Boyarsky Murphy's anaerobic digestion plant
Innovative facility in Cambridgeshire will turn food waste into energy
Architect Boyarsky Murphy Architects
Completion date End of 2012
In a pioneering new power plant, food waste normally destined for landfill will instead be processed to produce electricity and heat for a neighbouring potato packing factory. Any excess electricity will be sold on to the national grid.
Unusually for an industrial development, the buildings have been designed by an architect – in this case, London-based Boyarsky Murphy. The project has also endeavoured to be as sustainable as possible.
Three buildings will be built on the 4ha site: an anaerobic digestion building; an organic water recycling building; and a visitor centre.
The client, Local Generation, is a new company that provides low-carbon sources of renewable energy. Nicholas Boyarsky says it was keen to elevate the quality of the design from “crinkly tin sheds”, and, instead, ETFE cushions and locally sourced straw bales will be employed to form the building’s envelopes.
The digestion plant will be situated in the flat fenlands of Cambridgeshire just north of March.
It will process waste from the potato packing factory, along with imported food waste.
The east of England produces some 787,000 tonnes of food waste every year, with a large proportion of this going straight to landfill, and producing significant and potentially harmful quantities of methane.
The new anaerobic digestion plant is projected to process 30,000 tonnes of this waste into bio-gas and a digestate that can be used as a soil conditioner.
Organic water-recycling building
The function of the 46m-long organic water recycling building is to clean impurities from the water used in the anaerobic digestion building and the potato packing factory so it can be reused. This is done using organic processes that involve plant life, water creatures, aeration and filtration.
A key feature of the building will be the huge water-filled tanks cast in concrete and sunk 8m into the ground.
The building is essentially a glasshouse, though ETFE pneumatic cushions have been used as the main cladding material rather than glass since they require a far lighter support structure.
The supporting structure comprises a series of tubular steel frames (circular hollow sections) at approximately 3m centres. These members are supported on the walls of the concrete tanks and act as curved portal frames with mid-span vertical support provided by internal columns. Tie-rod bracing is incorporated into plan bays adjacent to the gable ends to provide overall stability to the structure.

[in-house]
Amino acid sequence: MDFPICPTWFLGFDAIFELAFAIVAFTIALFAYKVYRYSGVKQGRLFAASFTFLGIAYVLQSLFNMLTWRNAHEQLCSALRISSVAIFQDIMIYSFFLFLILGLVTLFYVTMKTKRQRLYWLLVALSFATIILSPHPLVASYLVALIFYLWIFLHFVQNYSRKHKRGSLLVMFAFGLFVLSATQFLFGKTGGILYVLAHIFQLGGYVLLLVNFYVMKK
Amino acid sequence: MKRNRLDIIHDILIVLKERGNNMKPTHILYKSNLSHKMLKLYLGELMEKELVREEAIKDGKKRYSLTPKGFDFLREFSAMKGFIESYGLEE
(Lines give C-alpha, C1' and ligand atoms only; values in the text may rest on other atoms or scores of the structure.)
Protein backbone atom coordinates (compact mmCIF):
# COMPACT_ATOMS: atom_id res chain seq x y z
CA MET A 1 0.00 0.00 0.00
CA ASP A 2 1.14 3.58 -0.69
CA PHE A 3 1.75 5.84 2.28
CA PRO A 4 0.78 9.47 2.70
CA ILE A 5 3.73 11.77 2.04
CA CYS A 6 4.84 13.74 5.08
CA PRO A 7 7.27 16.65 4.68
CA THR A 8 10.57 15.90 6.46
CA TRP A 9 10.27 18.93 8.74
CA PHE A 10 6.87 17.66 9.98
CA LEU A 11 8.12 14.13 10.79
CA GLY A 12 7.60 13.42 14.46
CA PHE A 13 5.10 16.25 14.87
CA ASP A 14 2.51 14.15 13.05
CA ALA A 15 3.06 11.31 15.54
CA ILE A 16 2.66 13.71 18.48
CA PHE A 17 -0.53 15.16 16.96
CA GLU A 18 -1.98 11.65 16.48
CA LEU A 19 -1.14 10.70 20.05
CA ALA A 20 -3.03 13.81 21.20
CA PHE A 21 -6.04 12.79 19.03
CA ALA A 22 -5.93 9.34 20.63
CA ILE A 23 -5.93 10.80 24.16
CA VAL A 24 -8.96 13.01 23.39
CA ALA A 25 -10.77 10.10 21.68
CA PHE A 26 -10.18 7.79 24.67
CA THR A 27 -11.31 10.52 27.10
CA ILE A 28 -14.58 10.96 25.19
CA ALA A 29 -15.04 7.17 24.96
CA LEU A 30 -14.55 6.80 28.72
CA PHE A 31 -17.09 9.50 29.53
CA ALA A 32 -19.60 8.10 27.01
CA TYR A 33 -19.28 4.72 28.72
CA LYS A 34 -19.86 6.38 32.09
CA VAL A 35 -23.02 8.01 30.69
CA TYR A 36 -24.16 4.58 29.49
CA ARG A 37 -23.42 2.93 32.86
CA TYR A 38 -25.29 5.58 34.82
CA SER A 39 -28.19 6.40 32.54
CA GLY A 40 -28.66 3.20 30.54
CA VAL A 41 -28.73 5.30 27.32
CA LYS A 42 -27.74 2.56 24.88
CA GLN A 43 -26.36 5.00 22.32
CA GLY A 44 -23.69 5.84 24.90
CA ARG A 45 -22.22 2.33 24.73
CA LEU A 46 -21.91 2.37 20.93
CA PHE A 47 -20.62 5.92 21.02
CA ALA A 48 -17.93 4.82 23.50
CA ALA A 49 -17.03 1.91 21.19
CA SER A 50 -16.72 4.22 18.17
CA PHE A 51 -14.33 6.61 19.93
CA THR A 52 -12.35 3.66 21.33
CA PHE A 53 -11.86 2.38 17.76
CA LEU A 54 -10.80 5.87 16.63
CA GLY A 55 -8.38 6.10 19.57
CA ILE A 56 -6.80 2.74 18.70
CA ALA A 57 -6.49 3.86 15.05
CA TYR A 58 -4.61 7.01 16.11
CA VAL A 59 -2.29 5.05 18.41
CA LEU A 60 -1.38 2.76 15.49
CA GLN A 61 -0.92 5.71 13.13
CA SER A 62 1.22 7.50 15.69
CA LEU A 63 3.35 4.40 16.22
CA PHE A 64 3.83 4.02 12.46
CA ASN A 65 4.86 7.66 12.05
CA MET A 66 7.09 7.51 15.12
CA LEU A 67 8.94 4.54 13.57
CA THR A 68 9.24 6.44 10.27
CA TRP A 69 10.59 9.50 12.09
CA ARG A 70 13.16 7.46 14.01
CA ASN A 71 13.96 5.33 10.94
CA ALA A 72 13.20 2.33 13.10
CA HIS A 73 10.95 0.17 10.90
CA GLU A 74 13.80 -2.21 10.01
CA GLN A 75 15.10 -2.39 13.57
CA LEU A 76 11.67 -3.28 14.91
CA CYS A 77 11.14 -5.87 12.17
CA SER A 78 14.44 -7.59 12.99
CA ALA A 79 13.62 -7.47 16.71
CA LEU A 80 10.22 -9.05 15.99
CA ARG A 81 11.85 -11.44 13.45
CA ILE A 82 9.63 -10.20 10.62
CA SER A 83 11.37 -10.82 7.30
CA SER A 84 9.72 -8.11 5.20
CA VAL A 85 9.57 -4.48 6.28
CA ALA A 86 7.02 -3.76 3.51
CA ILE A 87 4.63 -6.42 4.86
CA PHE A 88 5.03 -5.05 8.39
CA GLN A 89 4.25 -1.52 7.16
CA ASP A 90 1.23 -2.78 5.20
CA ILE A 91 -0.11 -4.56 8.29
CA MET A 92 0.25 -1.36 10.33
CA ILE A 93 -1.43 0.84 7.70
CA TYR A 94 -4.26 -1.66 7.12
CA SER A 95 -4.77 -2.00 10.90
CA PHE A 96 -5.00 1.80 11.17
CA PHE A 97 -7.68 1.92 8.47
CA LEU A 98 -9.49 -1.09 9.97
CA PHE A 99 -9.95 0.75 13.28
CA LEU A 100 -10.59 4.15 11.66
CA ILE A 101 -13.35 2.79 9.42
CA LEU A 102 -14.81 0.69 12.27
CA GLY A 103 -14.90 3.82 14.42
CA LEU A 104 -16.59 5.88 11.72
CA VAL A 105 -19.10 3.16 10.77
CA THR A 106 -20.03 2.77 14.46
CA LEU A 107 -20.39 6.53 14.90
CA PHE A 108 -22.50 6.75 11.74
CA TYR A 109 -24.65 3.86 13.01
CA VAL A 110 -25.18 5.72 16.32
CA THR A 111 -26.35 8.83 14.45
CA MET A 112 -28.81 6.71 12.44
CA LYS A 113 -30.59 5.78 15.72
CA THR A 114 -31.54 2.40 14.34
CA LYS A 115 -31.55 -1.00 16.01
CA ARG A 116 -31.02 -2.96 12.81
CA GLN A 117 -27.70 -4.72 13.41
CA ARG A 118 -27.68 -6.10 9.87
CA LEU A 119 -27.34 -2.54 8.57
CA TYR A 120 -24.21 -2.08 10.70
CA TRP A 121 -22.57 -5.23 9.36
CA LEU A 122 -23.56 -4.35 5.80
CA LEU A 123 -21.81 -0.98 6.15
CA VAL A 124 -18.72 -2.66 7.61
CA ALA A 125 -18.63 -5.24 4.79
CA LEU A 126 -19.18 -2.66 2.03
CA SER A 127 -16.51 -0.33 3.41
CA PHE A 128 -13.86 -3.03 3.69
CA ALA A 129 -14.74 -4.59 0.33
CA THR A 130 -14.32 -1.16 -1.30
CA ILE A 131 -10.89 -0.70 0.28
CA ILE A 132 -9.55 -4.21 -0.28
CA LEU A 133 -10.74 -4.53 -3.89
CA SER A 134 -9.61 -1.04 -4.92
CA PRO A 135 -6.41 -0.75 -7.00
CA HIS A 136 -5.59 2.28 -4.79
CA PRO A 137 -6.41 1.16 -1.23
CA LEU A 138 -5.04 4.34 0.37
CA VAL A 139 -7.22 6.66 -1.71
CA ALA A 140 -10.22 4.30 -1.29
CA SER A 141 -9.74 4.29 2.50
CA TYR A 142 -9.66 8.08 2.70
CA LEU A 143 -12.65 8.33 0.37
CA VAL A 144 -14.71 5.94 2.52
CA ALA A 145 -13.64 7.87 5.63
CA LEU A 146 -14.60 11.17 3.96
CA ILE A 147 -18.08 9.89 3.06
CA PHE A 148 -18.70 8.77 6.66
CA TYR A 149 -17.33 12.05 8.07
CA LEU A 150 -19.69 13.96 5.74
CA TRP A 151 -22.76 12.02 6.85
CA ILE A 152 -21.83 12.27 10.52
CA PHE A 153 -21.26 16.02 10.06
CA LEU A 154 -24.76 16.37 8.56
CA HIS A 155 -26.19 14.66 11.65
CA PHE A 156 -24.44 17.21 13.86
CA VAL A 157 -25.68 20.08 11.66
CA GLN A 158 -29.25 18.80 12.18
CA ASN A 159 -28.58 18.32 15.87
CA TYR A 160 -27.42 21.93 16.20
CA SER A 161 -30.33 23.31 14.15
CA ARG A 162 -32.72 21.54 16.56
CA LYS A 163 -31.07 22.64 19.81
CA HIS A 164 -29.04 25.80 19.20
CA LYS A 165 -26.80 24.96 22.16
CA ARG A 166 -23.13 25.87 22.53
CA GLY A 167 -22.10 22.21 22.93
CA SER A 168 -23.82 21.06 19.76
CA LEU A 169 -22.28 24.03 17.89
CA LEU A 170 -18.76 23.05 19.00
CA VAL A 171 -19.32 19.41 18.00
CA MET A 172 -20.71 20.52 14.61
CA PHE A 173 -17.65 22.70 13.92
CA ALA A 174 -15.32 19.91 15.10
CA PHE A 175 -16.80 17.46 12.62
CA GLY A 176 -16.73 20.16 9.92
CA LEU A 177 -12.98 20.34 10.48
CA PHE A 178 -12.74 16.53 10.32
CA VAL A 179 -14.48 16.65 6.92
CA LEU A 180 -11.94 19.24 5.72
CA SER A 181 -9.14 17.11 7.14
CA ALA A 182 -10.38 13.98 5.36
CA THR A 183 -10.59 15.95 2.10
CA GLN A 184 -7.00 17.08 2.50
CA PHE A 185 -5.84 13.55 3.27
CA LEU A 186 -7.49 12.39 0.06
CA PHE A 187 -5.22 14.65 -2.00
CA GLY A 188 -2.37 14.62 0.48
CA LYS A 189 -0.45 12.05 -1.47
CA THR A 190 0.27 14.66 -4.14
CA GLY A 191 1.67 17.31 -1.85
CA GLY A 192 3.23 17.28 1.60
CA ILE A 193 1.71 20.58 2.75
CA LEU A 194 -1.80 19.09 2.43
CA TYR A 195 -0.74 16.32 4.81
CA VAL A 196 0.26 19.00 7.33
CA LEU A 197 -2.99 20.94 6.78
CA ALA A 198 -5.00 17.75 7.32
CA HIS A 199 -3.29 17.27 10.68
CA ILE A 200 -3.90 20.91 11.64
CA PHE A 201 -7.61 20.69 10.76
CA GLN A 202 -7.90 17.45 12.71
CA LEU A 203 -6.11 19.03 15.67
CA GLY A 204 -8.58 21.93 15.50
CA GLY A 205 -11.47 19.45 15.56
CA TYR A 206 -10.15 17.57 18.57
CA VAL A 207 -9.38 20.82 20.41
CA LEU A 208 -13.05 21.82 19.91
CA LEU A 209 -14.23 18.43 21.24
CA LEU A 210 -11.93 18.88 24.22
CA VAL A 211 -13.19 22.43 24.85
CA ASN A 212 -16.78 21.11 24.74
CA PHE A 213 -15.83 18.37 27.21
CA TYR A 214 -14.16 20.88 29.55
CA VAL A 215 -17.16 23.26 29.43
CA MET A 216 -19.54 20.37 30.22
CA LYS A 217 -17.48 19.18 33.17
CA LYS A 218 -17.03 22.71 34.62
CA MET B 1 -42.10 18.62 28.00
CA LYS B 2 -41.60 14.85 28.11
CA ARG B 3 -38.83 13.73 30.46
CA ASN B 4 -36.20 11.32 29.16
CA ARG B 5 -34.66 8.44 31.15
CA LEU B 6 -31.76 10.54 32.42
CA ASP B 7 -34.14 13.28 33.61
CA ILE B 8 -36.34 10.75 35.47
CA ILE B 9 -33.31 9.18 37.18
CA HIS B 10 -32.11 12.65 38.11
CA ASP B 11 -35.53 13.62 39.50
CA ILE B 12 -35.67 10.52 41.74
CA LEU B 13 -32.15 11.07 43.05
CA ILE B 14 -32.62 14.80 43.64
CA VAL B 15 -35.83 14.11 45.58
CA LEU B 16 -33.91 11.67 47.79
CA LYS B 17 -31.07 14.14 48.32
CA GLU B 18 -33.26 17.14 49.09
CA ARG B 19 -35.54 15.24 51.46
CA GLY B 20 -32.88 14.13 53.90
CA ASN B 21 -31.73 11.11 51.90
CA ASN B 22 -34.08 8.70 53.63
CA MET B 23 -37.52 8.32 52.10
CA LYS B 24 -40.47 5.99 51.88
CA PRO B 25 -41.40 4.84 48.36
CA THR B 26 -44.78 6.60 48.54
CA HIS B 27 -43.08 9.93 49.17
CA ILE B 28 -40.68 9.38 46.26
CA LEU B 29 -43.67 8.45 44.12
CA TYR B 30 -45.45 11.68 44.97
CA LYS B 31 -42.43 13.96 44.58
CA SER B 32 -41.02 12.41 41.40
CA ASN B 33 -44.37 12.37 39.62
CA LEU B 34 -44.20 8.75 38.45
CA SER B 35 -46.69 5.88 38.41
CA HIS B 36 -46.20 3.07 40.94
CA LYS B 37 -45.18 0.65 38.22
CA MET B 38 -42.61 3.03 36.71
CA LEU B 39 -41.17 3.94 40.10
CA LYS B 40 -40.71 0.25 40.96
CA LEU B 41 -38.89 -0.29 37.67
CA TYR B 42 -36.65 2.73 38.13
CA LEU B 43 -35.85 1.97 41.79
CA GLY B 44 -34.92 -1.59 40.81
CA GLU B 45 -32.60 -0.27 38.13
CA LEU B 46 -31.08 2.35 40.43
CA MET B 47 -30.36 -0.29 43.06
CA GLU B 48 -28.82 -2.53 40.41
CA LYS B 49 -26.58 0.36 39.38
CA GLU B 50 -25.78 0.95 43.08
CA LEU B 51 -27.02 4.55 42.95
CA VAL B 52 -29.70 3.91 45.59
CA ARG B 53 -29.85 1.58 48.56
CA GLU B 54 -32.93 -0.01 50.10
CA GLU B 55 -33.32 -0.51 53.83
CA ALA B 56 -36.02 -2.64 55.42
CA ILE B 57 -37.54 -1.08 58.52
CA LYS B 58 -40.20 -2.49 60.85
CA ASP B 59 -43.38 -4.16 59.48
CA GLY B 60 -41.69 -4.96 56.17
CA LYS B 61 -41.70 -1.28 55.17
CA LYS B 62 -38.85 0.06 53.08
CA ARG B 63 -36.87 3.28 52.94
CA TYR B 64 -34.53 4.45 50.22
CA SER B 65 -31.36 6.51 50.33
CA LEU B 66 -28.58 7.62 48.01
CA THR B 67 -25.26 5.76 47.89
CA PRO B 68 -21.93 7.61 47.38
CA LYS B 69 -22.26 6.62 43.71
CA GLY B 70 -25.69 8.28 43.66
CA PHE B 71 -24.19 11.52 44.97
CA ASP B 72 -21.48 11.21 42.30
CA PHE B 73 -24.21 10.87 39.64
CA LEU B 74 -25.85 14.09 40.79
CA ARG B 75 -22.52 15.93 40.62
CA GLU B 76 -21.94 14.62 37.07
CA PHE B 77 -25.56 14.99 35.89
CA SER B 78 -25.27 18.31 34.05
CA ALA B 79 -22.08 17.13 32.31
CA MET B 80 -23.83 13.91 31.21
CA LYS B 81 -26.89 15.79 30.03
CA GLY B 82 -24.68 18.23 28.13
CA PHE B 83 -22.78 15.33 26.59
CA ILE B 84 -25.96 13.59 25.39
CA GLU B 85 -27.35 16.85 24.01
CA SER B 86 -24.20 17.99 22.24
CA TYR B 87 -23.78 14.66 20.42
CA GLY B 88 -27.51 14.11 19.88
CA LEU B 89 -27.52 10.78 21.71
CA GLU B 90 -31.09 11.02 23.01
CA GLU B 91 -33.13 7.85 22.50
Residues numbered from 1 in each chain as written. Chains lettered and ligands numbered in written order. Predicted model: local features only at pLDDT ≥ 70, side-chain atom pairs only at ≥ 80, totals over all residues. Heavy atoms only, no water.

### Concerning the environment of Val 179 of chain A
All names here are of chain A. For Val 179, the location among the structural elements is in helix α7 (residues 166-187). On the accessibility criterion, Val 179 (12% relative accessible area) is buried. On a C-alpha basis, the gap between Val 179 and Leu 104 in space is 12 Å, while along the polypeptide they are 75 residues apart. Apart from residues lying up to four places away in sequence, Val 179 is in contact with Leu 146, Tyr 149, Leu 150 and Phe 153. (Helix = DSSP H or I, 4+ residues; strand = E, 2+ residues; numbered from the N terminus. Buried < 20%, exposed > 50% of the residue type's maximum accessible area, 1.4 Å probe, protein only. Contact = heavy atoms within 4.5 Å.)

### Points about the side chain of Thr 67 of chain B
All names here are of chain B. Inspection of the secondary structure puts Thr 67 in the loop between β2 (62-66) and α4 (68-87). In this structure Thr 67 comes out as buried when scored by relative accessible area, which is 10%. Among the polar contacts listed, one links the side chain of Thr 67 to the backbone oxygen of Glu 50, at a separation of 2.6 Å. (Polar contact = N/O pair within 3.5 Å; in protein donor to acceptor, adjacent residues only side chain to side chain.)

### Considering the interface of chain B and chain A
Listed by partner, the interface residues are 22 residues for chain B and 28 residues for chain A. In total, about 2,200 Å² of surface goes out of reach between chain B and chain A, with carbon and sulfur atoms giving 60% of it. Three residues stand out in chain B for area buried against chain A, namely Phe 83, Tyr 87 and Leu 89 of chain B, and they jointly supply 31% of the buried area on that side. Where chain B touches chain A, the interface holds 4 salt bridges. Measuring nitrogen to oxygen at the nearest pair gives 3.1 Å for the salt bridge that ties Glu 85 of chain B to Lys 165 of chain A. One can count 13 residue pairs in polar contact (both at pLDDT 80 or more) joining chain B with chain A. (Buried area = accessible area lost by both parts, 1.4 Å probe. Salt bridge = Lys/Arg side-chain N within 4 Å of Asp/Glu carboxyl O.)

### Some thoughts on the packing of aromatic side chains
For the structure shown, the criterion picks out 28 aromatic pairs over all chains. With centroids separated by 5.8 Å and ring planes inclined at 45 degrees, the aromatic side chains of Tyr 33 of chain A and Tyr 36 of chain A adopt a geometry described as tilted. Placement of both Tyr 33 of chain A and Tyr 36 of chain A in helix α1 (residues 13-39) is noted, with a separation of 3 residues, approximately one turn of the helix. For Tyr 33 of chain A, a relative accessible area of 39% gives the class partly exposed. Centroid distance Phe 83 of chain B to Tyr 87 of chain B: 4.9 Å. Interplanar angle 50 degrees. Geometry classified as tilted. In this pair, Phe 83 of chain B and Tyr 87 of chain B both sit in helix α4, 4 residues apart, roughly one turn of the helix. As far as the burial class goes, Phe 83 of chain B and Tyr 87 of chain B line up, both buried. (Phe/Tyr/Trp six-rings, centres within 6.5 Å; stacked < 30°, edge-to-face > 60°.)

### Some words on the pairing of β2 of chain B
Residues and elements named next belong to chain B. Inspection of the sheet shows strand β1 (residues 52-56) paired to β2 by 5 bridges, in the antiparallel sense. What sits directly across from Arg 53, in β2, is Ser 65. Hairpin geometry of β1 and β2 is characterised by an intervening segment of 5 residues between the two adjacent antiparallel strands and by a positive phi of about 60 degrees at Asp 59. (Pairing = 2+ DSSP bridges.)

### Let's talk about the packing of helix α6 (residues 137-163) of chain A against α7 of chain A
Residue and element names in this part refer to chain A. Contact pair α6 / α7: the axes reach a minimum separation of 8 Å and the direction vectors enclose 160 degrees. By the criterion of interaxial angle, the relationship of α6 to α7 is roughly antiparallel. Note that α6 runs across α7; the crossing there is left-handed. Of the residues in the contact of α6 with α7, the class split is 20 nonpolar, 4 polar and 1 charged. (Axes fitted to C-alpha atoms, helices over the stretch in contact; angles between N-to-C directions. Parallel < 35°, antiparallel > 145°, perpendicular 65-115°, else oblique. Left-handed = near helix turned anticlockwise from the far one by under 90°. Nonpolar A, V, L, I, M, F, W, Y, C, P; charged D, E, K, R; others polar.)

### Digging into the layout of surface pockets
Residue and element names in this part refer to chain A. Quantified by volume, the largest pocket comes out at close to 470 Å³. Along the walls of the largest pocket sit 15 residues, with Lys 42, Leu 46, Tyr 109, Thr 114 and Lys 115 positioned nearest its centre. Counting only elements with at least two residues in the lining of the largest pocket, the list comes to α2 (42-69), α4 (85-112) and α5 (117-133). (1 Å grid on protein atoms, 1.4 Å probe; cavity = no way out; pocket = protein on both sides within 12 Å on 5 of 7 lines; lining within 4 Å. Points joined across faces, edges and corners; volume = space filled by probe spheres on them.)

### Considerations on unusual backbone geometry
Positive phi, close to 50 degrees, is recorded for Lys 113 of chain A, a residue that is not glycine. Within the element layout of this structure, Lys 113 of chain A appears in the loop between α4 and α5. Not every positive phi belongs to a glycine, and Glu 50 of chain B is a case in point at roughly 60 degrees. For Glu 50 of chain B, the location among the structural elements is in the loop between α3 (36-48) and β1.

Aluminium extrusions are bolted to tee-sections on the top of the steel frames to form the clamped boundaries to the ETFE cushions. The cushions are patterned with a frit that follows the curved frame profile.
The two-to-three layered ETFE elements are welded together to form an airtight deflated cushion. These are fixed into the aluminium extrusion on four sides and then inflated.
The cushions provide insulation and resist wind loads as well as allowing ultraviolet light to pass, thus enabling the plants to flourish within the tanks.
Anaerobic Digestion Building
The anaerobic digestion building receives and processes the food waste.
The main structural frame for the building, which will be 40m long x 29m wide, will be made from glue-laminated timber. The roof will be saddle-shaped and will support a sedum covering.
The 12m-high walls will be fabricated from locally sourced straw bales stacked in plywood cassettes with a render of lime wash both inside and out.
The visitor centre is connected to the south end of the organic water-recycling building.
It will provide facilities for lectures and school groups.
The grass-covered centre will provide a ramped auditorium, a café, and exhibition space, enabling visitors to gain an understanding of the way natural processes can be employed to recycle water and to learn about the anaerobic digestion process.
Like the anaerobic digestion building, the visitor centre employs a glue-laminated timber frame enclosed by lime-rendered straw bales.
How the Anaerobic Digestion Plant works
New equipment essential to the anaerobic digestion process is currently being built on the site and consists of tanks, water-treatment apparatus, combined heat and power units, a biofilter and pumping and water-management equipment.
The plant will take a mixture of waste from the existing potato packing factory and imported food waste from food processors, wholesalers, manufacturers and retailers near the site.
The food waste will be processed through the anaerobic digester to produce bio-gas and a digestate that will be used as soil conditioner. Digestate is the organic material that is left after the food waste has been processed and contains the nutrients that were originally present in the food waste.
The gas will be processed through a series of combined heat and power units that will produce electricity and heat. The heat provides hot water, space heating and refrigeration in the packing plant.
Water is added during pulping to create a nutrient-rich “soup” and to enable the bacteria to consume the organic matter. The matter that is left is then de-watered to produce a nourishing digestate that can be spread on to land as a soil conditioner, returning nutrients to the soil and completing the loop.
The water that remains needs to be cleaned before it can be reused in the anaerobic digestion process. While the water could have been treated chemically, the organic route – via the organic water-recycling building – was preferred since it uses less energy and is more sustainable. There will also be potential for the plants that are grown in the greenhouse to clean the water to be used to grow produce for sale.
Client Local Generation
Architect Boyarsky Murphy Architects
Structural engineer David Dexter Associates
Environmental engineer Wardell Armstrong